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Late errors costly for Rangers

Late errors costly for Rangers

CLEVELAND -- In a somber Rangers clubhouse, third baseman Michael Young pretty much summed it all up.

"That's a game we've got to lock up with pitching and defense," Young said. "That's something we usually do. It didn't happen today. That's what makes it frustrating, because that's what we usually do -- lock games up late."

This one didn't get locked up. This one slipped away in a matter of a few agonizing minutes of eighth-inning frustration in a 3-2 loss to the Indians on Thursday afternoon at Progressive Field.

The Rangers, holding a 2-0 lead with starter Matt Harrison on a roll, were six outs away from completing a three-game sweep of the Indians and winning for the fifth time in six games. They could have walked out of Progressive Field with a 6-3 record.

But it all fell apart on two costly errors in the field and one bad pitch that Cleveland outfielder Shin-Soo Choo hit out of the park for a game-winning three-run home run. Texas made just four errors in its first eight games before Thursday's costly transgressions.

"We just didn't make the plays," Rangers manager Ron Washington said. "It's part of the game, but you just don't like to see it happen right there."

Young and shortstop Elvis Andrus had supplied all the offense in the fourth inning against Indians starter David Huff. Andrus singled leading off the inning and Young went the other way with a two-run home run to right field.

But they were the ones who let their offensive work go for naught with a pair of critical errors in the ill-fated eighth. Harrison took a four-hit shutout into the inning before disaster struck against the top of the Indians' order.

Asdrubel Cabrera led off with a sharp grounder right at Young, who handled it with no problems but bounced his throw to first base. Chris Davis couldn't dig it out and Cabrera was safe on the error.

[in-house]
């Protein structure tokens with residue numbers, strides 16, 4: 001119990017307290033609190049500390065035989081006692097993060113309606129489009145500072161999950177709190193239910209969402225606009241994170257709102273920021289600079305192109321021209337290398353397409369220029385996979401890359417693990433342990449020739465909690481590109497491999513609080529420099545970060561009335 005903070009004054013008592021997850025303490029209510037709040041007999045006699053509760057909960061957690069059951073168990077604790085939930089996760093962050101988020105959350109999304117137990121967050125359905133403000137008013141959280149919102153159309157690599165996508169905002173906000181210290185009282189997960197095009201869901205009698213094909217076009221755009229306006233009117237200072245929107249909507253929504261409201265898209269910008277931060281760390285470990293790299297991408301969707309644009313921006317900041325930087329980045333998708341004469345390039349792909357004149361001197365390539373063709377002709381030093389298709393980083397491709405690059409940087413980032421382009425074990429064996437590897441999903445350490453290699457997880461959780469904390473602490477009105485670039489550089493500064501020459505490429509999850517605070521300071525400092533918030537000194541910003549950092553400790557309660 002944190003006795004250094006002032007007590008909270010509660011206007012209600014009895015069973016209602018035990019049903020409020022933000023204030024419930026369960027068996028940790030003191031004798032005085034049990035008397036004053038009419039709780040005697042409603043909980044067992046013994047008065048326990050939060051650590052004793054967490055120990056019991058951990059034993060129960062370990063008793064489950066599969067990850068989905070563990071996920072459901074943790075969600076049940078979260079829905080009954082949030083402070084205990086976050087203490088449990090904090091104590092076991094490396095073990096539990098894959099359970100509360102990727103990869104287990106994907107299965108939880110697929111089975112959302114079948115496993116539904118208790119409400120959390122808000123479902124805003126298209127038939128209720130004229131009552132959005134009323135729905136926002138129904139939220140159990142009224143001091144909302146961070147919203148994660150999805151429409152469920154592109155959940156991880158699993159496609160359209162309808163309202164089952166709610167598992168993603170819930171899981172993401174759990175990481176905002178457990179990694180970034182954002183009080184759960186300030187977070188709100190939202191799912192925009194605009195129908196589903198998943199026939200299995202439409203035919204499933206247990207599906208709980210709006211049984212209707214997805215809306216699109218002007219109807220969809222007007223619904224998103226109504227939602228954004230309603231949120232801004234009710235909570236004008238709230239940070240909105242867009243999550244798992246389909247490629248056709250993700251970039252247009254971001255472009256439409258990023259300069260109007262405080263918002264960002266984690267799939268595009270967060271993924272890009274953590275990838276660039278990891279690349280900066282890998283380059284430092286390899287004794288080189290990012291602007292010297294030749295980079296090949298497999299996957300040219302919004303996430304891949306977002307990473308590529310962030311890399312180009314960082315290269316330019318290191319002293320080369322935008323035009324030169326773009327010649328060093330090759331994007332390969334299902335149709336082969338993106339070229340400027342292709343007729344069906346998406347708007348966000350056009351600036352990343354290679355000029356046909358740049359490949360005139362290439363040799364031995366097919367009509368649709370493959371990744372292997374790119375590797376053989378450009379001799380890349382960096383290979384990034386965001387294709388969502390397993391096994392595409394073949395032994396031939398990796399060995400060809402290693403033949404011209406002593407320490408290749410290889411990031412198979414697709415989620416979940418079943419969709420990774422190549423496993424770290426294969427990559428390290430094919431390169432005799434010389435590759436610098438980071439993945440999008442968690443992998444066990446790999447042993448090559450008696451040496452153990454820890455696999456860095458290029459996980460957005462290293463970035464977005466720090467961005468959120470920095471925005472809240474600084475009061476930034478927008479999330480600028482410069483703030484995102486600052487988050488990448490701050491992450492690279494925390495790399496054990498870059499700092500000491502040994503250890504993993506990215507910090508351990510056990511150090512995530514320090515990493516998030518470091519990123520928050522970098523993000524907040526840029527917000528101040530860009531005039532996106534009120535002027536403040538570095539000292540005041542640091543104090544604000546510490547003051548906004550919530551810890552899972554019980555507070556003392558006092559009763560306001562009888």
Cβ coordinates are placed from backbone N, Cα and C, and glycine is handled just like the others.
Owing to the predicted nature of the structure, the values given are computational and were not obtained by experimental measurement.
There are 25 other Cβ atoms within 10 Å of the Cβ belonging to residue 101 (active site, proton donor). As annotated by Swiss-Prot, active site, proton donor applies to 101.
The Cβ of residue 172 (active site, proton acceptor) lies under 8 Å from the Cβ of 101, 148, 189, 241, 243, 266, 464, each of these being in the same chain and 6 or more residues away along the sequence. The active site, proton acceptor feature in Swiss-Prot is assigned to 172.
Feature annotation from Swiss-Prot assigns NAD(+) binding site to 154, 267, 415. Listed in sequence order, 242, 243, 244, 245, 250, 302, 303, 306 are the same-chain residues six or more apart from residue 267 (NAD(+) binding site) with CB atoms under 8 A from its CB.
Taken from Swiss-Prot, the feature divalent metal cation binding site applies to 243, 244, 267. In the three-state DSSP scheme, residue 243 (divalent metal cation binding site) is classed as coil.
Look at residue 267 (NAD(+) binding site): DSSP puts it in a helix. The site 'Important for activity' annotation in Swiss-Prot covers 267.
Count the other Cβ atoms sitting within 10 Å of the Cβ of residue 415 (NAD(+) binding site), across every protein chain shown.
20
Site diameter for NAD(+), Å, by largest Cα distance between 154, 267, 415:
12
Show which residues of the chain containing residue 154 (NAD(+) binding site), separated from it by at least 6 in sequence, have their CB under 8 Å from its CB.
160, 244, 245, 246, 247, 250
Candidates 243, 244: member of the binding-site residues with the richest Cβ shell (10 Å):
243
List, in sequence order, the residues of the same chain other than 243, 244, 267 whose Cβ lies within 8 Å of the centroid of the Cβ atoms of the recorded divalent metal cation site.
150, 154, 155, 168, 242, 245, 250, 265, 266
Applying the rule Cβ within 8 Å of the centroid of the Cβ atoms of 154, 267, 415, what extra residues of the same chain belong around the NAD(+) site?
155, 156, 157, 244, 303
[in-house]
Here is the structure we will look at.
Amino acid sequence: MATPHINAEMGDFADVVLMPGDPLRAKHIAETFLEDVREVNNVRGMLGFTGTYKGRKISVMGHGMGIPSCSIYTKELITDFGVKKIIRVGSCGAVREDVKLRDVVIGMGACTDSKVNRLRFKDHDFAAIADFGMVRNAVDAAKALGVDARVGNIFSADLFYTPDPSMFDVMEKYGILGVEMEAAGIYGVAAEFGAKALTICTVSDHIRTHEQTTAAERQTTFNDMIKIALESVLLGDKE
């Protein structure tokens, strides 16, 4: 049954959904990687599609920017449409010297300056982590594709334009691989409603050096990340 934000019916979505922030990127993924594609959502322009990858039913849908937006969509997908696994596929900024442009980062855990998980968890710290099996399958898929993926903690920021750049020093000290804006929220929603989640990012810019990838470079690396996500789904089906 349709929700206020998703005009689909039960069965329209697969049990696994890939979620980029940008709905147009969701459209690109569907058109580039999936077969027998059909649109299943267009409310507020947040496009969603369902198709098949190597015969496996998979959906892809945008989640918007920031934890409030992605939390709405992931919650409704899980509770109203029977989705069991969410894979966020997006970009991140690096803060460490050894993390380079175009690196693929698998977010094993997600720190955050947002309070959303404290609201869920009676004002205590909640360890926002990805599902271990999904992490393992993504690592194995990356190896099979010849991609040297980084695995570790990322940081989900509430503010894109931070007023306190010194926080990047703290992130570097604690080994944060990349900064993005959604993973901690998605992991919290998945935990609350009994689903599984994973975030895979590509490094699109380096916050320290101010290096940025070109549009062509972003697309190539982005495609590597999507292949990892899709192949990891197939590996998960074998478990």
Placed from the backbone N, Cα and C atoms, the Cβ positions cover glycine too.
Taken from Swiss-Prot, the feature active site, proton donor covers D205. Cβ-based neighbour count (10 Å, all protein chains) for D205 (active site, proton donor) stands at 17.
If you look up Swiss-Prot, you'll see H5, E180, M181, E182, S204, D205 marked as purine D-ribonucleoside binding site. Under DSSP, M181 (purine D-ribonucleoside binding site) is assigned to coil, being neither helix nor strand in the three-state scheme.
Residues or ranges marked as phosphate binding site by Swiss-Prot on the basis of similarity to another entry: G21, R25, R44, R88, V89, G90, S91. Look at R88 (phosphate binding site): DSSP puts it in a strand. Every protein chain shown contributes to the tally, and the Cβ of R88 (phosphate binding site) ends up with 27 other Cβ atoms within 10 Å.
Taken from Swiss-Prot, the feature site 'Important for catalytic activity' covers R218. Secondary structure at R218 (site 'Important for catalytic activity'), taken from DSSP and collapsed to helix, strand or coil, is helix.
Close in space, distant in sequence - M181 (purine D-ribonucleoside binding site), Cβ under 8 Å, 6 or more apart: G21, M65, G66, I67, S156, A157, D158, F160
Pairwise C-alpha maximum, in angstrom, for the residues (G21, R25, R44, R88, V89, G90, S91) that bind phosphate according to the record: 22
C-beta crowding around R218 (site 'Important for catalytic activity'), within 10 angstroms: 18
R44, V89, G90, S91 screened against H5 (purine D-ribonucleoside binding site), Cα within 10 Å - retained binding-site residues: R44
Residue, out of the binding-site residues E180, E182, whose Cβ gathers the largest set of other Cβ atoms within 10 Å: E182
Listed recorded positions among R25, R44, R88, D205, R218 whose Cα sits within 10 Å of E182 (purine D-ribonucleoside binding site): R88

"I just threw it away," Young said, offering no excuses. "It was a bad throw."

Grady Sizemore followed with a weak grounder to second baseman Andres Blanco, who threw to Andrus covering second trying to get the force. But Andrus simply dropped the ball.

"I don't believe myself that I missed that ball," Andrus said. "I think I took my eye off it too quickly. I knew we weren't going to have a play at first base, so I have to make sure we get the out. But I took my eye off the ball quickly."

Harrison refused to let his teammate take all of the blame for what happened.

"We made a couple of errors, but those things happen," Harrison said. "I didn't pick up my teammates."

After a visit from pitching coach Mike Maddux, Harrison went after Choo in a lefty vs. lefty matchup, trying to get a possible double-play grounder. He threw two cut fastballs. The first missed outside the strike zone. The second was up in the strike zone, and Choo hit it high and deep off the top of the wall in deep right-center for a three-run home run.

"Cutter down the middle of the plate," Harrison said. "I wanted to make him hit it on the ground and didn't get the ball down enough. I made a big mistake."

Choo was 7-for-10 with two home runs and four RBI in this three-game series against the Rangers.

"Choo has been a thorn in our side all series," Washington said. "He finally got a big one. A real big one."

The Rangers have now had three of their four losses decided in the opposing team's final at-bat. Two of those came in starts by Harrison, and he is still waiting for his first victory despite a 1.38 ERA over his first two outings.

"I felt strong the whole game," Harrison said. "My arm felt as good in the first inning as it did in the eighth. I just wish I had that one pitch back. I just have to go out there in my next start and do the same thing."

Harrison threw 116 pitches, his most since throwing 118 in a five-hit shutout over the Athletics on Sept. 12, 2008. But Washington saw no fatigue in the eighth.

"He was fresh ... real fresh," Washington said. "He got the first guy and we didn't make the play. He got the second guy and we didn't make the play. Harry did his job."

Rangers starters now have a 1.93 ERA through their first nine games of the season, but the club has just five wins out of that.

T.R. Sullivan is a reporter for MLB.com. This story was not subject to the approval of Major League Baseball or its clubs.

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